The next step is to create a dataset. A dataset is a collection of tables and tables have columns that can be one of the following types: int64, bool, DateTime, string and double. Creating a dataset involves structuring JSON data to represent this schema. What I did was to use this web site to model C# classes that could be easily serialized to the JSON required. I then used JSON.NET to serialize the dataset schema to JSON and send it off to Power BI Preview.

For sending basic DatasetRequests and HTTPRequests, I borrowed some code from Microsoft’s sample code – you can find the original code here.

Using this approach, our CreateDataset method is quite simple:

/// /// Creates a dataset based on a DatasetSchema. ///
/// Dataset Schema represents the definition of dataset including dataset name, tables and columns for each table.
/// Created dataset as .NET object.
public Dataset CreateDataset(DatasetSchema Schema)
//Create a POST web request to list all datasets
HttpWebRequest request = DatasetRequest(datasetsURI, "POST", token);
PostRequest(request, JsonConvert.SerializeObject(Schema));
return (FindDataset(Schema.name));
catch (Exception ex)

When you create the dataset in Power BI Preview successfully, you will see an empty dataset in Power BI Preview with your table structure. In my test console application, I created a table with a test int, test date, test bool, test double and test string column.

NOTE: There doesn’t seem to be yet a REST API method for deleting a dataset. There also doesn’t seem to be methods for altering the dataset schema yet either.

Adding Rows

Once you have a dataset created, you can now add rows to the table. I created a simple test that pushed a row with a random int every 5 seconds.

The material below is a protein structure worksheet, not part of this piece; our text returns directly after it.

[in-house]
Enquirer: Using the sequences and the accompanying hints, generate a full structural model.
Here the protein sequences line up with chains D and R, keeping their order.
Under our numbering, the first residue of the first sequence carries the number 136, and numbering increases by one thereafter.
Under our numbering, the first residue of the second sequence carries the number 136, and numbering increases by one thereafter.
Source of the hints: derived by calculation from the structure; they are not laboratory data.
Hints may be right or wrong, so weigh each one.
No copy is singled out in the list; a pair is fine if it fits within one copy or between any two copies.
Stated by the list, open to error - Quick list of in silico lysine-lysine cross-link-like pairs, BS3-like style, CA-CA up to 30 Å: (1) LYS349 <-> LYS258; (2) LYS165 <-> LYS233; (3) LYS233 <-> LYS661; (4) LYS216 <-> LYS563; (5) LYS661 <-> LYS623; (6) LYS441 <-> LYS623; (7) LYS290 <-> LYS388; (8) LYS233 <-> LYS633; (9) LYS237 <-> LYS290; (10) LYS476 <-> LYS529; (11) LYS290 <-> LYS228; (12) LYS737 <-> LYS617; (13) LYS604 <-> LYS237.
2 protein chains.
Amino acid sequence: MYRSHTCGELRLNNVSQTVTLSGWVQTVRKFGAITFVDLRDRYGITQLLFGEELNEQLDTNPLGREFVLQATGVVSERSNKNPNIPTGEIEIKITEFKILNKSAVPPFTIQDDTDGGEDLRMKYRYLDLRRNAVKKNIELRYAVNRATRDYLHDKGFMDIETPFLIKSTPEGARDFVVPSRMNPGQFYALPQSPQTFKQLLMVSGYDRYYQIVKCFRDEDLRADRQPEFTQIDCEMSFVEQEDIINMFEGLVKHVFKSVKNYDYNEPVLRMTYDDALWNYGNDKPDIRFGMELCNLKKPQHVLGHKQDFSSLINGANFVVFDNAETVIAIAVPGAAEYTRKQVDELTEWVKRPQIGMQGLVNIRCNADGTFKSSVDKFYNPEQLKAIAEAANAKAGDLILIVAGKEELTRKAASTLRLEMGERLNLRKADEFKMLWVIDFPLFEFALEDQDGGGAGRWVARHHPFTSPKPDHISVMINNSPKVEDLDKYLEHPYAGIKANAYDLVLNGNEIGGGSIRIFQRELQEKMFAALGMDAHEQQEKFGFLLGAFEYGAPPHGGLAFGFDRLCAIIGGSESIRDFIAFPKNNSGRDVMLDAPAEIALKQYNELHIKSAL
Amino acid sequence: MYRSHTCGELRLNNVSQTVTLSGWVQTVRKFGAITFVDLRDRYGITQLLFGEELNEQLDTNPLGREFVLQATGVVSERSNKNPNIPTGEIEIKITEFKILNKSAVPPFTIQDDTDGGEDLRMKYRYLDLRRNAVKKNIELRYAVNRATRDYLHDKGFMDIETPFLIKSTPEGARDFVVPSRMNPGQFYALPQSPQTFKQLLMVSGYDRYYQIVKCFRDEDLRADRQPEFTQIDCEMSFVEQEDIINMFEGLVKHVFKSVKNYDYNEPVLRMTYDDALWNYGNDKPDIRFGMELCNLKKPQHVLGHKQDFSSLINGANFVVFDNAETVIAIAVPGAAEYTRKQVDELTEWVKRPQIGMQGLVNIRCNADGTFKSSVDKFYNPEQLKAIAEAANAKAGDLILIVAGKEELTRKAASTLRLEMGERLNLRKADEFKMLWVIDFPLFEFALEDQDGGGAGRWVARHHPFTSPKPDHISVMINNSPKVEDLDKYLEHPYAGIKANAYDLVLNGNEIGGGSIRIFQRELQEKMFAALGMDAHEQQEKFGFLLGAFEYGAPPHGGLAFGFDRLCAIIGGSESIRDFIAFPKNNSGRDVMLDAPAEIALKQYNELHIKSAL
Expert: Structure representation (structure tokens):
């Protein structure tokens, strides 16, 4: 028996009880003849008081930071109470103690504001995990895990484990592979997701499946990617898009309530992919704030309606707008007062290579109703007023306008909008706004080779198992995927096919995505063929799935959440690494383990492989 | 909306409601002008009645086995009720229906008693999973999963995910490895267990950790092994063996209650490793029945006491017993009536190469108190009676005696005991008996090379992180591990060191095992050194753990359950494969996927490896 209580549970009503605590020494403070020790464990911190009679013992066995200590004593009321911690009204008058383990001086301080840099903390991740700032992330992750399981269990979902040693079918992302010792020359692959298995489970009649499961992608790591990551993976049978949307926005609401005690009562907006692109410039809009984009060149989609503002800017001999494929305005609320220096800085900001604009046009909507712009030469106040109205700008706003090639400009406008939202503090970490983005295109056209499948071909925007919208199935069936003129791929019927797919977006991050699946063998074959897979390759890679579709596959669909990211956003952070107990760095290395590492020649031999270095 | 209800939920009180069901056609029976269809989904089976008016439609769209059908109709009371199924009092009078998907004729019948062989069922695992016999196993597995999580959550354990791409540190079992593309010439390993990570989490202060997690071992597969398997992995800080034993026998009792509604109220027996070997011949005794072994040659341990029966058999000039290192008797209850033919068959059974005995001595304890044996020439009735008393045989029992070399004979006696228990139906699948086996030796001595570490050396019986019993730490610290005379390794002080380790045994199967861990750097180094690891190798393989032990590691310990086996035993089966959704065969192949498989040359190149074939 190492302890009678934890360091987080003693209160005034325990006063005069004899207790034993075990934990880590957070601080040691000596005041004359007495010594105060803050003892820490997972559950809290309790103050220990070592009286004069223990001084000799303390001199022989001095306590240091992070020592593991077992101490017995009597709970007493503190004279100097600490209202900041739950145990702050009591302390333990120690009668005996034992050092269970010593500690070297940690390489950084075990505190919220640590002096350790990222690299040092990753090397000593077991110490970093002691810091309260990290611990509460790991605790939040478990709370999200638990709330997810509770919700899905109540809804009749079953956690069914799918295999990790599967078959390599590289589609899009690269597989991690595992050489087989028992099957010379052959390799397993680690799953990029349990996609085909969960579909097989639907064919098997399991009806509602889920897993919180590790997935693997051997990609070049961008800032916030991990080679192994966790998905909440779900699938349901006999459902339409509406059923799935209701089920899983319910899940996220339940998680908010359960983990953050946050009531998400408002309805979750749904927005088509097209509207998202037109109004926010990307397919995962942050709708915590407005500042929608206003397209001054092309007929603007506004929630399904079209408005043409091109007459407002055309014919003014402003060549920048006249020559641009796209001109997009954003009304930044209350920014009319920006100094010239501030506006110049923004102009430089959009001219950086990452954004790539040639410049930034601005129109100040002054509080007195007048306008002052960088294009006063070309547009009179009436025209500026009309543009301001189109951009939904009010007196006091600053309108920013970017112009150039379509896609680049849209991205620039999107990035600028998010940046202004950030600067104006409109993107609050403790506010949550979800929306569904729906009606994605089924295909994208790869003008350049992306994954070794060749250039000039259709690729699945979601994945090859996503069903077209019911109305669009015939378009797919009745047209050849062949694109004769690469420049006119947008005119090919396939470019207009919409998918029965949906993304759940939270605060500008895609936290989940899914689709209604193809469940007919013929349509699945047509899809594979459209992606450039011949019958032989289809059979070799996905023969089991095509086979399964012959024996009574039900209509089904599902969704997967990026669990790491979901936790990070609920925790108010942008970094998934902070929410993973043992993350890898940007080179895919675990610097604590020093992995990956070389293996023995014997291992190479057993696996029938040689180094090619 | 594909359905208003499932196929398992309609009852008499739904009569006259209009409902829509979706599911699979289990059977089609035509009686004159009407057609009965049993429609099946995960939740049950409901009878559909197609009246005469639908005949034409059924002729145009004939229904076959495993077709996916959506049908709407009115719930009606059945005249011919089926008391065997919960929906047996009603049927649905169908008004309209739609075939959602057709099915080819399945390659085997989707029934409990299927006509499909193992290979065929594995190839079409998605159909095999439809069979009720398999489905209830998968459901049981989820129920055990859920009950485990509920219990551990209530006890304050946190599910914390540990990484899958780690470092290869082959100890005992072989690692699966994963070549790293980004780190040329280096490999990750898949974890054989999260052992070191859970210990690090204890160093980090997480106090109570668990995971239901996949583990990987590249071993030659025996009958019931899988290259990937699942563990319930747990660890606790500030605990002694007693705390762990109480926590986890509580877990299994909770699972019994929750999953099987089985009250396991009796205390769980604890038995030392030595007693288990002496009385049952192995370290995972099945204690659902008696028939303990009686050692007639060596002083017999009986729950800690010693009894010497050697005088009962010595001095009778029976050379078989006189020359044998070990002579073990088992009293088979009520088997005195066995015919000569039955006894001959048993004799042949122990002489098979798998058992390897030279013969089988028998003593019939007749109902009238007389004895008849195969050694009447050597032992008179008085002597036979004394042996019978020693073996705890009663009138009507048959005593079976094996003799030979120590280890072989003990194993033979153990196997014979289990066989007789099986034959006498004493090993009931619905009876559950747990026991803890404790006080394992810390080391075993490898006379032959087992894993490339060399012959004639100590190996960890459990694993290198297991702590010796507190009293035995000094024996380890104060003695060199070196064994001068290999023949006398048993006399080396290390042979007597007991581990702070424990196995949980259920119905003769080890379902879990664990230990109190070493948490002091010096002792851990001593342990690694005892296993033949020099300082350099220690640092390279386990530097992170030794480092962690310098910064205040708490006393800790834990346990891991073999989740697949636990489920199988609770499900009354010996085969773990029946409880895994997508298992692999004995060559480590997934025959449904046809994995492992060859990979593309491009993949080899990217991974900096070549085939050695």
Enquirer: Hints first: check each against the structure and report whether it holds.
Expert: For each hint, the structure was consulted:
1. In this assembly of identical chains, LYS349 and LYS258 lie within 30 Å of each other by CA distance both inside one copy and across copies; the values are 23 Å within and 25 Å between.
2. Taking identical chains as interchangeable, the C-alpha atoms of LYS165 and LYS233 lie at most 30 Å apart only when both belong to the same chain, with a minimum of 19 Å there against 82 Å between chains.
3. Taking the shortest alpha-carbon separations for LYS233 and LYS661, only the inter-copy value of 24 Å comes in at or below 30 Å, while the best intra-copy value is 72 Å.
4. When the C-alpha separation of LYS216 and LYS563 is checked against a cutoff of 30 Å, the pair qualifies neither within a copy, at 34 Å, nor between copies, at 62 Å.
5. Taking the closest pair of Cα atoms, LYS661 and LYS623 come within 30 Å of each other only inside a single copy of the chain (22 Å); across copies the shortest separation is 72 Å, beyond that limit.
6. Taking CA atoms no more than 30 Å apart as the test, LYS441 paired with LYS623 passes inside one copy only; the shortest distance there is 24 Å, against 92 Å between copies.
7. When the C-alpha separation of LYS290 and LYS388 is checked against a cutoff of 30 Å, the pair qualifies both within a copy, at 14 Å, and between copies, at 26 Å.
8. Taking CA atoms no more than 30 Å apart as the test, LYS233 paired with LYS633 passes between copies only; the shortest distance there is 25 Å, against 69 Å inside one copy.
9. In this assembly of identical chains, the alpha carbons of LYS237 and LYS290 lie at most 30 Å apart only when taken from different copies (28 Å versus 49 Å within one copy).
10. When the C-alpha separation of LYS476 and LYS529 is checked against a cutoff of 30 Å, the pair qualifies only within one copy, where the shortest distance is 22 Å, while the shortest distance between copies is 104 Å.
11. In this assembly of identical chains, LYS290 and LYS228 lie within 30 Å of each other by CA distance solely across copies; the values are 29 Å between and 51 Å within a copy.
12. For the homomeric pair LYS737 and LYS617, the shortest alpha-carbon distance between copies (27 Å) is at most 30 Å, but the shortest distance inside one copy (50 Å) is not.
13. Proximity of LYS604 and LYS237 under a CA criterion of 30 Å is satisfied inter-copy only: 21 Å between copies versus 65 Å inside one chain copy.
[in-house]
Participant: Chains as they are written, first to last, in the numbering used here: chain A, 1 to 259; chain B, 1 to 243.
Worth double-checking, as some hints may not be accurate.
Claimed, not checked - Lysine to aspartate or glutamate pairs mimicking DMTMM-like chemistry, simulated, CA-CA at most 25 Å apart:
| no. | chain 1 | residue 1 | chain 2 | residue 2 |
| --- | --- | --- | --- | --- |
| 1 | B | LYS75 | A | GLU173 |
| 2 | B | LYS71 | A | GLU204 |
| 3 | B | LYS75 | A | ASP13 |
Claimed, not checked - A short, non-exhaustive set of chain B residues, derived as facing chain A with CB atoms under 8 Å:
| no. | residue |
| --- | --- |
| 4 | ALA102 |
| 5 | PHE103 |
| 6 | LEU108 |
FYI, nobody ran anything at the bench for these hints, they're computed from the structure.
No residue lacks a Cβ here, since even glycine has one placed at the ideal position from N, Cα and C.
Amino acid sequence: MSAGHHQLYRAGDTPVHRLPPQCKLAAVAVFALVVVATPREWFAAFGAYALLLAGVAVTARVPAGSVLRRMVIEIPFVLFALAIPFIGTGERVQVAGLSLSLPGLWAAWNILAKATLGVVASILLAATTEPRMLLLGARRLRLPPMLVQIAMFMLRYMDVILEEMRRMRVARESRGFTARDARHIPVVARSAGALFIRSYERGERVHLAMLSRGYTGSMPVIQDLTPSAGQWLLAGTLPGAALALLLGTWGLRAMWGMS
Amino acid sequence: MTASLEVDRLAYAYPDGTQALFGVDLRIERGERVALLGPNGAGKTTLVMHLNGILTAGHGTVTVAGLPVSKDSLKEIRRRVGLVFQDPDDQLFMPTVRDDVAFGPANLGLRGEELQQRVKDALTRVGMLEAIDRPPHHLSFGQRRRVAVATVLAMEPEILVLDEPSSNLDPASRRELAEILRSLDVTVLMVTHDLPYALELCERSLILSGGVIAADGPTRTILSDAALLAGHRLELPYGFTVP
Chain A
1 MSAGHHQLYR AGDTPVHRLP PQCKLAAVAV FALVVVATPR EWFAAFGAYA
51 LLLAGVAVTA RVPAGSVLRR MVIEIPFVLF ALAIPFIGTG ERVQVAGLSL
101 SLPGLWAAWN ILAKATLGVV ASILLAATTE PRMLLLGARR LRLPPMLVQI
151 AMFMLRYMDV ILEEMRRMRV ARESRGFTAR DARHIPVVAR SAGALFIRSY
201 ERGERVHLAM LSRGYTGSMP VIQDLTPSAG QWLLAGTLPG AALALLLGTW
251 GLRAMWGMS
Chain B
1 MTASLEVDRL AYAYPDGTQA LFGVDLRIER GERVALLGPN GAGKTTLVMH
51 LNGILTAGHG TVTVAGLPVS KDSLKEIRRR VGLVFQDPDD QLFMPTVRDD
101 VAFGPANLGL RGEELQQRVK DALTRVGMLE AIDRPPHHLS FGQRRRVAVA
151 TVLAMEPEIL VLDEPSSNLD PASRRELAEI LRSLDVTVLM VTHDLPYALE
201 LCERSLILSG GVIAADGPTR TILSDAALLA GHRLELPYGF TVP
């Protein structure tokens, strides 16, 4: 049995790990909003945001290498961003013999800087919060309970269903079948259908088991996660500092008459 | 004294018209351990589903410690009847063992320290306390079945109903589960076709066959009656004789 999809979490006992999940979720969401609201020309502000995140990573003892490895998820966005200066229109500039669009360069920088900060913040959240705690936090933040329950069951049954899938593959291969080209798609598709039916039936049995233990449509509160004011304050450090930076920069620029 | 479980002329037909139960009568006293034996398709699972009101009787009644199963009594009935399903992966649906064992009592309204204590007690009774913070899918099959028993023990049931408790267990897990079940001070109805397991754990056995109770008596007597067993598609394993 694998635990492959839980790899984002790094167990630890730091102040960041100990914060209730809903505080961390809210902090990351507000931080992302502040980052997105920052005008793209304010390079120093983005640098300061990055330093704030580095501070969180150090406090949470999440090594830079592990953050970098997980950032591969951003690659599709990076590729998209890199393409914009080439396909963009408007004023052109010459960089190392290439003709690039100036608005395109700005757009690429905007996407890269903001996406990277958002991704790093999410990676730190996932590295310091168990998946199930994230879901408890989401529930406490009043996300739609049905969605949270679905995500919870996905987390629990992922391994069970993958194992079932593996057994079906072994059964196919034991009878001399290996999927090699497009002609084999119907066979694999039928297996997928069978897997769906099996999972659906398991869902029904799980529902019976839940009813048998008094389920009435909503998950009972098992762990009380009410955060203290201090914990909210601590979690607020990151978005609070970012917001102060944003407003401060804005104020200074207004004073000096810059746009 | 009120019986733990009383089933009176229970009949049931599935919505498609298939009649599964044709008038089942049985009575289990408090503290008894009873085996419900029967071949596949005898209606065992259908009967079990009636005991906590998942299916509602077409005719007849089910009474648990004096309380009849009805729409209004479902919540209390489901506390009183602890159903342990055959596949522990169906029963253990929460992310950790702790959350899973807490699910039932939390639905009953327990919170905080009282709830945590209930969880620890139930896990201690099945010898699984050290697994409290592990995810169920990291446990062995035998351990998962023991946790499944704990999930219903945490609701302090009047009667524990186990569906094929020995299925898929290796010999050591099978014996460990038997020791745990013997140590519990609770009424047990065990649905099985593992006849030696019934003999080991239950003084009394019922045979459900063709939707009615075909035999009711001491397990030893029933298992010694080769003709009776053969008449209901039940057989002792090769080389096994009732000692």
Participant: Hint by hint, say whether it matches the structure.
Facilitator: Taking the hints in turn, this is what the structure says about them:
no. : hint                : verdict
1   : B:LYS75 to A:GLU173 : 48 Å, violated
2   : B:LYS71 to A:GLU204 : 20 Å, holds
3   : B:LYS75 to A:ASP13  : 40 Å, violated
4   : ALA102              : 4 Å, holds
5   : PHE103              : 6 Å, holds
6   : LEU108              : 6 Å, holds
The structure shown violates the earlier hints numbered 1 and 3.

public static void AddRows(Object myObject, EventArgs myEventArgs)
Random random = new Random();
double randomDouble = random.NextDouble() * 5;
int randomInt = random.Next(1, 5);
ArrayList rows = new ArrayList();
        rows.Add(new TestRow() { TestColumnBool = true, TestColumnDateTime = DateTime.Now, TestColumnDouble = randomDouble, TestColumnInt = randomInt, TestColumnString = "test" });
        PowerBI.AddRow(dataset, "testTable", rows);

Again, in this case I have encapsulated the raw JSON by allowing you to use a basic value object defined in C# that is then translated serialized dynamically into JSON when the request is passed. The translation works by inspecting the object and translating the public properties into the appropriate JSON values.

Testing It Out

If you are successful and sending in the right REST API calls you will see a new dataset created and the table being populated with rows. The cool thing about the new Power BI Preview is the dashboards are updated in real time so if you have created a graph you will see it being updated as data is added. Here is an example of the data I added from my test application.

Christopher Woodill

About ME

Enterprise technology leader for the past 15+ years…certified PMP, Six Sigma Black Belt and TOGAF Enterprise Architect. I collaborate with companies to help align their strategic objectives with concrete implementable technology strategies. I am Vice President, Enterprise Solutions for Klick Health.